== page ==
When the HSE’s Winter Plan 2019/20 was published, our editorial at the time asked if the name was appropriate anymore. Was it, in management speak, ‘fit for purpose’? Although these plans acknowledge the additional pressure on health services during the winter months, most of the initiatives they contain could apply any time throughout the year due to the chronic problems of emergency department overcrowding and long inpatient and outpatient waiting lists.
This year’s Winter Plan is essentially a Covid-19 plan, at least in terms of how the pandemic impacts upon health services. The HSE has strong influence over pandemic policy, being represented on the national public health emergency team (NPHET) and holding important responsibilities in terms of Covid-19 testing and contact tracing. However, it is outside the Executive’s remit to decide whether to impose ‘lockdowns’ or social restrictions to limit the spread of Covid-19. It must have faith in (the increasingly uncertain) Government strategy that the numbers contracting the novel coronavirus can be reduced as much as possible, so as not to overburden our very fragile health service.
The Winter Plan is dependent on the Government in that Exchequer funding is required to finance the measures it contains. The HSE has received an allocation of an additional €600 million to support the plan. For context, last year’s plan received an additional €26 million. This huge increase is an acknowledgement of the scale of Covid-19, which, as we hear so often, is a once-in-a-lifetime event. Last year’s plan was announced in November, in the depths of winter; the 2020/21 iteration has been published earlier, again as a response to the current crisis.
Will the increase in funding, as significant as it is, be enough? Under the plan, 892 acute beds; 484 sub-acute beds; and 631 rehabilitation beds are promised. The document states that 409 of the acute beds and 395 of the sub-acute beds are already in place, leading bodies such as the IHCA to question the real capacity gain over the coming months.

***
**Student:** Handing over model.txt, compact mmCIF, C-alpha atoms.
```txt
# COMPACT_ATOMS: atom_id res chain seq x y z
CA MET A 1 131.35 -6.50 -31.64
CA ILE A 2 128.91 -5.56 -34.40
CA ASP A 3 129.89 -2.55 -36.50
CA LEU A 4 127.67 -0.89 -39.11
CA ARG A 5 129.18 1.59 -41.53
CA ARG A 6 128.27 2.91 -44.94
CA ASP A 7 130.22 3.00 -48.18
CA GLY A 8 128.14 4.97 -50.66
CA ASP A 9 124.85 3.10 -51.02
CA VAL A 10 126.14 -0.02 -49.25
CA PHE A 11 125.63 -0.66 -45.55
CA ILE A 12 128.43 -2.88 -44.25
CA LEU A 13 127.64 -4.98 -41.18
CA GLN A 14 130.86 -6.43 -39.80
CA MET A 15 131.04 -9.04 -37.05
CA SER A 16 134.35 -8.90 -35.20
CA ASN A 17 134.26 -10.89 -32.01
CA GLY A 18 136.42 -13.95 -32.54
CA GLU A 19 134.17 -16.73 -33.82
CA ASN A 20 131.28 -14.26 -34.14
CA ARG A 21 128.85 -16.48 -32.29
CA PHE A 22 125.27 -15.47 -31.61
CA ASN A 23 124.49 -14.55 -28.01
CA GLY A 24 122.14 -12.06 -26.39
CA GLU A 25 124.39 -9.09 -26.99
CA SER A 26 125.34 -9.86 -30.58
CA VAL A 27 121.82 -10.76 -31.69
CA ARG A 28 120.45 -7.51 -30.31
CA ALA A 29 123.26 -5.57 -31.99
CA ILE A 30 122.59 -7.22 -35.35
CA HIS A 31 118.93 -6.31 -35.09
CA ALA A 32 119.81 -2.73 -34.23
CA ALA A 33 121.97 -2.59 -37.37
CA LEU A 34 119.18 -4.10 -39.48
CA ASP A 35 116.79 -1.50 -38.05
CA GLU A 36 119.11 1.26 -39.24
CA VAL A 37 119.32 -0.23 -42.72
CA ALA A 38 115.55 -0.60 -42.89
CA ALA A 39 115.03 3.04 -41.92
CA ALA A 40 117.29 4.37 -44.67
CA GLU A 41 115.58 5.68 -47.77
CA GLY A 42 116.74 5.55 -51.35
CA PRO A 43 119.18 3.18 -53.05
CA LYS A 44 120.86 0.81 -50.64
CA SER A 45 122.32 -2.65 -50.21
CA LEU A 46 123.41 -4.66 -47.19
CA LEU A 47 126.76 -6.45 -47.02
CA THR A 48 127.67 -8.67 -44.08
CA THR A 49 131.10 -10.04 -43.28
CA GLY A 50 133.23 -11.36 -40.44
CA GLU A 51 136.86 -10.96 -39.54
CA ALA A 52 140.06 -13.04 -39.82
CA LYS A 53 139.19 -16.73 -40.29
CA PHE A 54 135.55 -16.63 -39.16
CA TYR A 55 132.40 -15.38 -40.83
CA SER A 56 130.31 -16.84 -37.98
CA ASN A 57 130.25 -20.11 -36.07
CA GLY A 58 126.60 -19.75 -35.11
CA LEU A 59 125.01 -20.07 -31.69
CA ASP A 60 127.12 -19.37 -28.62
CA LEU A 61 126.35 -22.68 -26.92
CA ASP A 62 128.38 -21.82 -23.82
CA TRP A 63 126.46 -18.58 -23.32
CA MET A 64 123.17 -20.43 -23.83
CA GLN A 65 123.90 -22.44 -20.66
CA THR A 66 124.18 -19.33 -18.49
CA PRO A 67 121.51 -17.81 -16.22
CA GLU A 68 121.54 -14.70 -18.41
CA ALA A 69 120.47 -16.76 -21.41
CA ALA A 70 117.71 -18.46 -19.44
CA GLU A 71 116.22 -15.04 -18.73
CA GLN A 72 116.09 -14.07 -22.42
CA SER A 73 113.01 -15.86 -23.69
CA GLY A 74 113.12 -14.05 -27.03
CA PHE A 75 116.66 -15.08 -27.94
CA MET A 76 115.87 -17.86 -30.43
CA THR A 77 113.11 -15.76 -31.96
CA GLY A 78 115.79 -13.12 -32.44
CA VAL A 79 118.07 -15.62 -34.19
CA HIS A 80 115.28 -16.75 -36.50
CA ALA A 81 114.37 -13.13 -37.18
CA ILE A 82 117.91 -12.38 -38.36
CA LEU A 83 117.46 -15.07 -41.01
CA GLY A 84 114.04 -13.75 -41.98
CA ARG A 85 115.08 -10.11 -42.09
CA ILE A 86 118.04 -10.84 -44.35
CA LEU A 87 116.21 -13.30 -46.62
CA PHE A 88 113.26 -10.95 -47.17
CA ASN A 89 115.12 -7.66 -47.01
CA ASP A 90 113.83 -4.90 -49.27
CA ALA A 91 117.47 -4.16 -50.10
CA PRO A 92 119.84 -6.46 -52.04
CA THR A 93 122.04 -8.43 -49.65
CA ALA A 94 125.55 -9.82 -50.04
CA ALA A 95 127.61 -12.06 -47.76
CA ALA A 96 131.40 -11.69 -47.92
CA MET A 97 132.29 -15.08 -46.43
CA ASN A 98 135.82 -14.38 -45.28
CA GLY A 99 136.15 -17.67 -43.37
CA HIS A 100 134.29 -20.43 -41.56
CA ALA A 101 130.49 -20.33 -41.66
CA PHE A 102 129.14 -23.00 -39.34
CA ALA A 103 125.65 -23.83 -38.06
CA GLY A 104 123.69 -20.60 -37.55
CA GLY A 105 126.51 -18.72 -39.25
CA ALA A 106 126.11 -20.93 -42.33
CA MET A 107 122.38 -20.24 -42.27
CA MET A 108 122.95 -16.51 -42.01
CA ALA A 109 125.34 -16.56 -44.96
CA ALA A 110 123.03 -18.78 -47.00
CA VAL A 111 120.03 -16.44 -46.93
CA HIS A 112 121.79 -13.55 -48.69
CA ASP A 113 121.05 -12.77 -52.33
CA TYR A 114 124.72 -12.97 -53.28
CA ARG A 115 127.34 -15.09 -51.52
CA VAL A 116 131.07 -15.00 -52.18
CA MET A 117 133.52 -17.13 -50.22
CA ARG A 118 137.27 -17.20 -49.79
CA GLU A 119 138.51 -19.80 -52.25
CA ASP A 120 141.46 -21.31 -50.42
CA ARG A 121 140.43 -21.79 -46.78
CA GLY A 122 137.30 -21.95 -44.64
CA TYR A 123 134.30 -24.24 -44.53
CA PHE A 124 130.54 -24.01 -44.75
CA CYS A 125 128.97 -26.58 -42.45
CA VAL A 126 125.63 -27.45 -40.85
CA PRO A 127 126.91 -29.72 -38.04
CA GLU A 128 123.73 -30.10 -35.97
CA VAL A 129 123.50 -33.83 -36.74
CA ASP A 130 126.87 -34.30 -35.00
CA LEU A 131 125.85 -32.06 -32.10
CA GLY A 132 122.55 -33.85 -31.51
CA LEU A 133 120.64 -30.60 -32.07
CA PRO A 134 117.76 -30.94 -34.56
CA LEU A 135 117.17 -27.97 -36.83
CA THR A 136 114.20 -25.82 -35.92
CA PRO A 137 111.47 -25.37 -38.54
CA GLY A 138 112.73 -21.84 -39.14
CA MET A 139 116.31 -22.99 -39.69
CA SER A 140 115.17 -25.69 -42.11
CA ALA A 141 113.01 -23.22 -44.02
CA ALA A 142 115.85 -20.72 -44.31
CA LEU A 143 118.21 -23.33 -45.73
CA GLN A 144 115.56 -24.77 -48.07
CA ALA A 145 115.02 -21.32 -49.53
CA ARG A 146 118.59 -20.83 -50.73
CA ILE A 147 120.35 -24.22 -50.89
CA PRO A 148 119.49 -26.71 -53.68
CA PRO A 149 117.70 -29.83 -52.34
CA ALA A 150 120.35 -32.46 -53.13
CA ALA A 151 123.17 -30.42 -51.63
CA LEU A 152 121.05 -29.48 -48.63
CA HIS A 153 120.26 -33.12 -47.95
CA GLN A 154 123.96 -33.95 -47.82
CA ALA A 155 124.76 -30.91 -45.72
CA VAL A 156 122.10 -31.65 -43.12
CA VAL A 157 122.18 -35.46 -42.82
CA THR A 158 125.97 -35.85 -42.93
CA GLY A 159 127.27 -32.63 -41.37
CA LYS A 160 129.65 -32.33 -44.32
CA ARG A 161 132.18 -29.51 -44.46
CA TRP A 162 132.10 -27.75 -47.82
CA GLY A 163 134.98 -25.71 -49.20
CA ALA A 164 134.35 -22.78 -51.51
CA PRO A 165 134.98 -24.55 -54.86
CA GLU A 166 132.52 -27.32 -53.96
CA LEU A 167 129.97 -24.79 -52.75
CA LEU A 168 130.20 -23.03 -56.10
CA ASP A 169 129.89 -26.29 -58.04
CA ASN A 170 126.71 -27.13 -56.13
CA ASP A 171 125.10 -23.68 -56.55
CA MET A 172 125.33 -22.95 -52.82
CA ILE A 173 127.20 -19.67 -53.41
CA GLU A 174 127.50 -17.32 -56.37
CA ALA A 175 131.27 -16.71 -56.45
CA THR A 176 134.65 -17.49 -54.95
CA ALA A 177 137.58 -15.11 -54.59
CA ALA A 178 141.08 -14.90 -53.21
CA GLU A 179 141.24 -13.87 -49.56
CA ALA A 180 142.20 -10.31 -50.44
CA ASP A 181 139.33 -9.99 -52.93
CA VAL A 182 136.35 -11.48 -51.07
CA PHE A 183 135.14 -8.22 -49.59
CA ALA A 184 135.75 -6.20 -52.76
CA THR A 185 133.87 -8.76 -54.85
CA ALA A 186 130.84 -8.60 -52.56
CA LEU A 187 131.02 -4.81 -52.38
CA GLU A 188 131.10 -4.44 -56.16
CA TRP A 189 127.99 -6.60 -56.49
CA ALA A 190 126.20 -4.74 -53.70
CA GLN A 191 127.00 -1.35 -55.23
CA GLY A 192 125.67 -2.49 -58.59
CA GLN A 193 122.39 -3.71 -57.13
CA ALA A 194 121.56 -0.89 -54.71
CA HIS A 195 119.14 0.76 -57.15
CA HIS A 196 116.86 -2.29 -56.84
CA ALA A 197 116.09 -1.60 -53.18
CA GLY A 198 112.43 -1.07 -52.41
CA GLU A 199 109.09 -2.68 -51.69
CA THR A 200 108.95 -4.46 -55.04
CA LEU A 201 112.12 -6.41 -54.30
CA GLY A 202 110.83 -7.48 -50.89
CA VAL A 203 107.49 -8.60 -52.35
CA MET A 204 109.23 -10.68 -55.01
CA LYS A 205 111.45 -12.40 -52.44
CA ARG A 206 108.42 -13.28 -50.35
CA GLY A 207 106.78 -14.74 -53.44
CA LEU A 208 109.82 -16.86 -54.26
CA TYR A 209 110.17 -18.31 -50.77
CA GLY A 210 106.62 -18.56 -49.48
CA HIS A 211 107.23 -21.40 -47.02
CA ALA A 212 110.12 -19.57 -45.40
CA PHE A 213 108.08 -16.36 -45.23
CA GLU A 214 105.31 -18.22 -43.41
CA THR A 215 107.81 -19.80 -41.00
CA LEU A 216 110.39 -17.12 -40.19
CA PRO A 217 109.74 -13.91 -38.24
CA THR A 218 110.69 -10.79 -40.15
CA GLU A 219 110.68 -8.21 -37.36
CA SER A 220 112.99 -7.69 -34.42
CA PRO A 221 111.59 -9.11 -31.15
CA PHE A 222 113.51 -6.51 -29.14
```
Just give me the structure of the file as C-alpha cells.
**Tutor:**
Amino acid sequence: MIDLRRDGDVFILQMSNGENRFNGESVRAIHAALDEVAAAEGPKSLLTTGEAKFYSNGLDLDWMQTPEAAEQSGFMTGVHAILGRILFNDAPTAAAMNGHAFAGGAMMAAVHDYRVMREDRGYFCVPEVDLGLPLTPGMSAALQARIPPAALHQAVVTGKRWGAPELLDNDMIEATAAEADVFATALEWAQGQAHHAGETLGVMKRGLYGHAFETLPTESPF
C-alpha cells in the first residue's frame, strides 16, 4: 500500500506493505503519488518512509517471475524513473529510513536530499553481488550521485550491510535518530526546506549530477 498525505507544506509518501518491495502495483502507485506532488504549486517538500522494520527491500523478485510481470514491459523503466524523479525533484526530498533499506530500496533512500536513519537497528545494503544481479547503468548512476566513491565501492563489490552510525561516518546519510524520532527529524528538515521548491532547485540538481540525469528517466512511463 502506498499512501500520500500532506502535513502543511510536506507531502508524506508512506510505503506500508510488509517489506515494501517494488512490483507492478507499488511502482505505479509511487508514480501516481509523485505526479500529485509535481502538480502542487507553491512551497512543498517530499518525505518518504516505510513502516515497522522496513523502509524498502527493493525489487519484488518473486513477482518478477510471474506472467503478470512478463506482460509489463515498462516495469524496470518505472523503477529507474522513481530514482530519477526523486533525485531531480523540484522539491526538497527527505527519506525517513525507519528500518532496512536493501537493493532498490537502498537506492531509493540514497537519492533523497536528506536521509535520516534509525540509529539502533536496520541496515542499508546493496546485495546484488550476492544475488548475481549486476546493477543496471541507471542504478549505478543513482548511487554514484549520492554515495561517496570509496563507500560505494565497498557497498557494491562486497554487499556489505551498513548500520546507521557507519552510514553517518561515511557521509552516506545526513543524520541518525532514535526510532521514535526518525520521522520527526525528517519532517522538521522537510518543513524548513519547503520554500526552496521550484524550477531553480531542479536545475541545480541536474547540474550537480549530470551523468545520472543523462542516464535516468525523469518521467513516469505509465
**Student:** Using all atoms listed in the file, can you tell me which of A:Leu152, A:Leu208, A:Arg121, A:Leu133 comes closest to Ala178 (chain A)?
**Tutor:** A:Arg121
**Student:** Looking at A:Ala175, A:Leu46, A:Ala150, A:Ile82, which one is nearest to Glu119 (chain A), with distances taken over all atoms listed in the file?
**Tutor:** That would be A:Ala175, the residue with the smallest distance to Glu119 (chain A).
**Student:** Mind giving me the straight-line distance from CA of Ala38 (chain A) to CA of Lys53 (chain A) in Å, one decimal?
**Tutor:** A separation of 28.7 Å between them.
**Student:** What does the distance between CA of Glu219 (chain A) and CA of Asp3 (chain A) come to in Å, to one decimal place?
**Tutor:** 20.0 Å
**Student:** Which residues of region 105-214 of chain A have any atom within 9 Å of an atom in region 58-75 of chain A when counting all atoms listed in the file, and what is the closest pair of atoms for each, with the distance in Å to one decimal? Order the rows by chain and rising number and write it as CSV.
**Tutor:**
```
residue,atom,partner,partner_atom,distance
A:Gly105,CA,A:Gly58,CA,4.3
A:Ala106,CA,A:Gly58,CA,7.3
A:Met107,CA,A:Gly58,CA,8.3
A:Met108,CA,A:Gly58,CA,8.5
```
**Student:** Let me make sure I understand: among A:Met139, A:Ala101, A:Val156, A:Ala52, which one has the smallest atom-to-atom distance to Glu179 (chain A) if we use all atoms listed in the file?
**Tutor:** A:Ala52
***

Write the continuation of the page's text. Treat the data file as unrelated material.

The IMO points out that the ‘new’ beds announced are temporary beds in the system. In a statement responding to the publication of the plan, the Organisation stated there is no funding for additional sustained long-term beds in acute and other sectors. While additional beds are welcome, the IMO said they are simply insufficient given the long-term capacity deficit; the emerging needs of the population; and the expected Covid-19 surge.
“The proposed increase in intensive care beds is woefully inadequate given the circumstances we face,” according to the IMO.
The Winter Plan promises a “recruitment campaign, both domestic and international, of a scale that has not been done before”. However, both the IMO and the IHCA criticise the lack of detail regarding the appointment of new consultants and frontline healthcare workers.
The ongoing provision of Covid-19 community assessment hubs and the extension of these to incorporate the treatment of acute respiratory illness through acute respiratory assessment and treatment hubs is also referred to in the Winter Plan.
There are currently seven community assessment hubs in operation. The plan is to have 20 hubs in total available from January to March of next year.
It is too soon to tell whether the plan is sufficient to cope with the current crisis. At the time of writing, Covid-19 cases are on the rise. The capacity deficits in the Irish acute system make it very vulnerable to a second surge. The HSE must do all in its power to cope with what has been termed ‘a winter like no other’, but will also have to hope that Government policies to curb the spread of Covid-19 are a success.
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